a set of seven hand-painted wooden bowling pins in the form of clowns
photograph: Le Bonheur du Jour – Etsy
To sack someone means to dismiss someone from employment. This verb seems to have appeared in the first half of the 19th century. For example, the Perthshire Courier (Scotland) of Thursday 29 April 1841 reported that at the Glasgow assizes, during the trial for the murder of a superintendent of Railway labourers, one of the accused, Denis Doolan, allegedly said to a witness that
he had been sacked by the ganger; Doolan said he had beat the ganger for it.
This verb is from to give the sack, to dismiss from employment, and to get the sack, to receive one’s dismissal.
Earlier versions used the nouns bag and canvas. To give the bag means to dismiss, but originally had the opposite signification: to leave without warning. For example, in A quip for an vpstart courtier: or, A quaint dispute between veluet breeches and cloth-breeches Wherein is plainely set downe the disorders in all estates and trades (1592), the English writer and playwright Robert Greene (1558?-1592) thus addressed the shoemakers:
Well for your knauery, you shall haue those cursses which belongs vnto your craft: you shall bee light footed to trauell far, light witted vpon euery small occation to giue your maister the bag.
In A Glossary of the dialect of Almondbury and Huddersfield (West Yorkshire), published in 1883, Alfred Easther wrote:
Bag, notable for the expression, ‘to give the bag,’ which is to dismiss; or ‘to get the bag,’ i.e. to be dismissed. In some parts to give and get ‘the sack.’ The word has long been known in this sense [the author quotes the above-mentioned passage from A quip for an vpstart courtier].
The English playwright James Shirley (1596-1666) used to receive the canvas, to receive one’s dismissal, in The Brothers (1626):
My honor, if my Don receive the canvas.
He ha’s a good estate, and I have borrow’d
Considerable monies of him Sister,
Peeces of eight, and transitory Ducats.
The versions with sack seem to date from the early 19th century. The Dublin Evening Mail of Friday 6th October 1826 published an Ode to the Opposition which contains the following:
Ye factious, place-hunting and waspish crew,
Who love to rail at Ministers and taxes,
The Ministry, you hope, may get the sack.
And The Liverpool Mail of Thursday 22nd September 1836 wrote in London Police Report that a certain John Norrey was brought before the Lord Mayor for having tried to sell a piece of cloth in the street; he had said:
“I’m blowed if I didn’t cabbage [= steal] it from my master, and if he knowed it he’d give me the sack.”
It is generally said that the expressions to give/get the sack (or the bag, or the canvas) were taken from the practice of journeymen mechanics who travelled in quest of work carrying their own tools in a bag. When they were discharged, their employers handed them back the bag, where their tools had been packed up preparatory to their removal.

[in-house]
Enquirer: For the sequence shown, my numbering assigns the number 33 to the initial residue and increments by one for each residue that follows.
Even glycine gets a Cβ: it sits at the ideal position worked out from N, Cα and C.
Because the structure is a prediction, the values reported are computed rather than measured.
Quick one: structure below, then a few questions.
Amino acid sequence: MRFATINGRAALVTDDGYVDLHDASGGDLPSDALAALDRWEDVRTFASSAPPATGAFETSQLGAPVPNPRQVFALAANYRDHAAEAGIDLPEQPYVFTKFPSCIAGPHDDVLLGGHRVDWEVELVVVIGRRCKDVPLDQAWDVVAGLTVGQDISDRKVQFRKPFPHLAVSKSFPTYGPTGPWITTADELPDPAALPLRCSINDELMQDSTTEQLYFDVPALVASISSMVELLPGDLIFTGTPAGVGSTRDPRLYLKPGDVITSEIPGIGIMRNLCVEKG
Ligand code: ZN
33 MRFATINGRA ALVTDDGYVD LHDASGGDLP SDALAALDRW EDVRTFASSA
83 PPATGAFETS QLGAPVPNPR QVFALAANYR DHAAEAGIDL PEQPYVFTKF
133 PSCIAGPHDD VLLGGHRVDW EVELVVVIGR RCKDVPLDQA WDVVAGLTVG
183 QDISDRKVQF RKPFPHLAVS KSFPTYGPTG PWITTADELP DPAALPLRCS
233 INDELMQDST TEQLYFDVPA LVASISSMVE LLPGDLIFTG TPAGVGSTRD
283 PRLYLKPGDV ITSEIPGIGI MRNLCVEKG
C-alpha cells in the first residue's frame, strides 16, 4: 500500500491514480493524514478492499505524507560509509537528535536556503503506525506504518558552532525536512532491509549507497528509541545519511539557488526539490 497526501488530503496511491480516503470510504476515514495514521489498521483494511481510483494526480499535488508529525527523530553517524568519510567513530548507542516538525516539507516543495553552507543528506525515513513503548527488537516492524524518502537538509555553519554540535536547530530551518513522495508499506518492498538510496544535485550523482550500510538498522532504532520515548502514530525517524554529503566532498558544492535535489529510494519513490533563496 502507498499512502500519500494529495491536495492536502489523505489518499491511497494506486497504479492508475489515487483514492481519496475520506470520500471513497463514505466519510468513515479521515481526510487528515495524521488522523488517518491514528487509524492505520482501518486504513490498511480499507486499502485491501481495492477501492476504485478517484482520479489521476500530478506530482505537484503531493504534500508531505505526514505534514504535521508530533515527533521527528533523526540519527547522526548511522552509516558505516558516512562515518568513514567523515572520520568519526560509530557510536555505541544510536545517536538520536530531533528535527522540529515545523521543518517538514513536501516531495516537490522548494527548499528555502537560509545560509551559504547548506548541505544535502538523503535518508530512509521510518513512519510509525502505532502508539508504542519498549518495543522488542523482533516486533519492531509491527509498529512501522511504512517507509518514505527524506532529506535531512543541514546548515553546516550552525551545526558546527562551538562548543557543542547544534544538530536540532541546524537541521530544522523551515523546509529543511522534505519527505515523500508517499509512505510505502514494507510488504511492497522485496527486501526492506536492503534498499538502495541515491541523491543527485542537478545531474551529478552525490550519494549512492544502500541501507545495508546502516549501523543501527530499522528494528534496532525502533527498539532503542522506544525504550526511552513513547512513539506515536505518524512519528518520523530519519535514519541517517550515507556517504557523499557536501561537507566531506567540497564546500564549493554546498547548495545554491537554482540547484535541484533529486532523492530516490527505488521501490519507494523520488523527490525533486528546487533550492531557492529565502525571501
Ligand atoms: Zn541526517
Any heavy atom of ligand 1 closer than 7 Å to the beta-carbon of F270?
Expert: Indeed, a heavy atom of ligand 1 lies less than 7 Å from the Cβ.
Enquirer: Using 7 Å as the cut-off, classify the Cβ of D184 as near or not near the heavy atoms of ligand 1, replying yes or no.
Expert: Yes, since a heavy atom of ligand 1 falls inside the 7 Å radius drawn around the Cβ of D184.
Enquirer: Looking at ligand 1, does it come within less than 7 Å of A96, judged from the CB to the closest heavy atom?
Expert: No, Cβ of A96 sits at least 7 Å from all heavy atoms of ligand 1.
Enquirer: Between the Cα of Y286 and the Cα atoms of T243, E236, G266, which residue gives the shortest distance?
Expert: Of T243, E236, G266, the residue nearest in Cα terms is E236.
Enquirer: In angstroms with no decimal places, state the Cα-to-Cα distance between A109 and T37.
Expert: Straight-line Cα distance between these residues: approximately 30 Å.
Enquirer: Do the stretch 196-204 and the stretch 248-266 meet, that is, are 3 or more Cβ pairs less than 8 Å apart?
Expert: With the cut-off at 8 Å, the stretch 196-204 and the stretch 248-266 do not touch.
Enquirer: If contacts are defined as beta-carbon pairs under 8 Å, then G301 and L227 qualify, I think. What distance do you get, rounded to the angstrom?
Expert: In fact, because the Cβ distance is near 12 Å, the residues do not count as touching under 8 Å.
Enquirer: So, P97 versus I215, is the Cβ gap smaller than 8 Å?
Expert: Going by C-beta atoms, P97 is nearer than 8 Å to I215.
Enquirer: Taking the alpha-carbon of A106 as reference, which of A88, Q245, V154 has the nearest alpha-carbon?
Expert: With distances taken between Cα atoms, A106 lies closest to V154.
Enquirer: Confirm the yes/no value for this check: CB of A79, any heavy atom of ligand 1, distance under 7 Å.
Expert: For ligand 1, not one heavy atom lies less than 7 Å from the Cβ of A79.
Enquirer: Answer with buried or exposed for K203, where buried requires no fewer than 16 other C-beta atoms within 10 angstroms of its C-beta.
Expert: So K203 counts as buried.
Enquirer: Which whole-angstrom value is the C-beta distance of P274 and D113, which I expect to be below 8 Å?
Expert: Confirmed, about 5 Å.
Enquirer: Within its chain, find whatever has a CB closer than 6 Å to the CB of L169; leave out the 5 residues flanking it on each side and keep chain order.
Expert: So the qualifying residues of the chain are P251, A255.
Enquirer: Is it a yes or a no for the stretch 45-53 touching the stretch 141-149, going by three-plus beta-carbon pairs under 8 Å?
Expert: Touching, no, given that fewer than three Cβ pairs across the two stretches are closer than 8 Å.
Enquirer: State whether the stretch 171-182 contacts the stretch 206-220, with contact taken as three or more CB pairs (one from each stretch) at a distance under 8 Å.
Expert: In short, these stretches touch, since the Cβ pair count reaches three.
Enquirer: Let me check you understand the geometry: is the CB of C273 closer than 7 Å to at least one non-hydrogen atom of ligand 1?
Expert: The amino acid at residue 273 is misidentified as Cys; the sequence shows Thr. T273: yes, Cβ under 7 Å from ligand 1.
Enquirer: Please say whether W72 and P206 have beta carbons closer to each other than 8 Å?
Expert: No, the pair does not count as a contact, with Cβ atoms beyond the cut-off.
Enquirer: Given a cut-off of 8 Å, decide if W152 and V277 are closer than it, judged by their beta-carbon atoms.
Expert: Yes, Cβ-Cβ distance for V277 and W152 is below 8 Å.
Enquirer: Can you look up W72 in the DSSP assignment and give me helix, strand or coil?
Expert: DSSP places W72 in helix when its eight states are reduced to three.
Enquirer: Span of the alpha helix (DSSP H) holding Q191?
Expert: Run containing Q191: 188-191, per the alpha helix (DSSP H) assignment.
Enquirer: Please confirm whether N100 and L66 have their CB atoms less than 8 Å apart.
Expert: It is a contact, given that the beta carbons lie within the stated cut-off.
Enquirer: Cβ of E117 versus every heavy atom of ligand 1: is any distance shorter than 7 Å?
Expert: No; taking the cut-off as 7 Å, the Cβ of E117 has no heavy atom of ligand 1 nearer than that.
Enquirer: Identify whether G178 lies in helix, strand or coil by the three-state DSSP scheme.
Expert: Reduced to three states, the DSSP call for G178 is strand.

However, nothing seems to corroborate this theory, which anyway does not account for the original meaning of to give the bag, to leave without warning.
The verb saquer, or sacquer, attested in 1866, also means to dismiss from employment.
It is apparently from the obsolete phrase donner (à quelqu’un) son sac et ses quilles, literally to give (someone) their bag and their skittles, recorded by Randle Cotgrave in A Dictionarie of the French and English Tongues (1611):
Donner son sac, & ses quilles à. On luy a donné son sac, &c. [= He has been given his bag, etc.] He hath his pasport giuen him, he is turned out to grazing; (said of a seruant whom his maister hath put away.)
In Dictionnaire de la langue française (1869), the French lexicographer Émile Littré (1801-81) explained the following phrases under the headword sac [= bag]:
Le sac et les quilles, les quilles avec le sac pour les enfermer quand on ne joue plus.
Figuré. Trousser son sac et ses quilles, prendre son sac et ses quilles, prendre ses hardes et s’en aller.
Donner à quelqu’un son sac et ses quilles, mettre quelqu’un dehors, s’en défaire.
Figuré. Avoir son sac et ses quilles, être chassé. […]
Figuré. Ne laisser aux autres que le sac et les quilles, prendre le meilleur et laisser aux autres ce qui ne vaut rien, proprement prendre l’argent du jeu et ne laisser aux autres que les quilles et leur sac.
The bag and the skittles, the skittles with the bag to put them in when one no longer plays.
Figurative. To take one’s bag and skittles, to take one’s belongings and leave.
To give someone their bag and skittles, to throw someone out, to get rid of them.
Figurative. To have one’s bag and skittles, to be turned out. […]
Figurative. To let the others have only the bag and the skittles, to take the best and let the others have what is worthless, properly to take the winnings and let the others have only the skittles and their bag.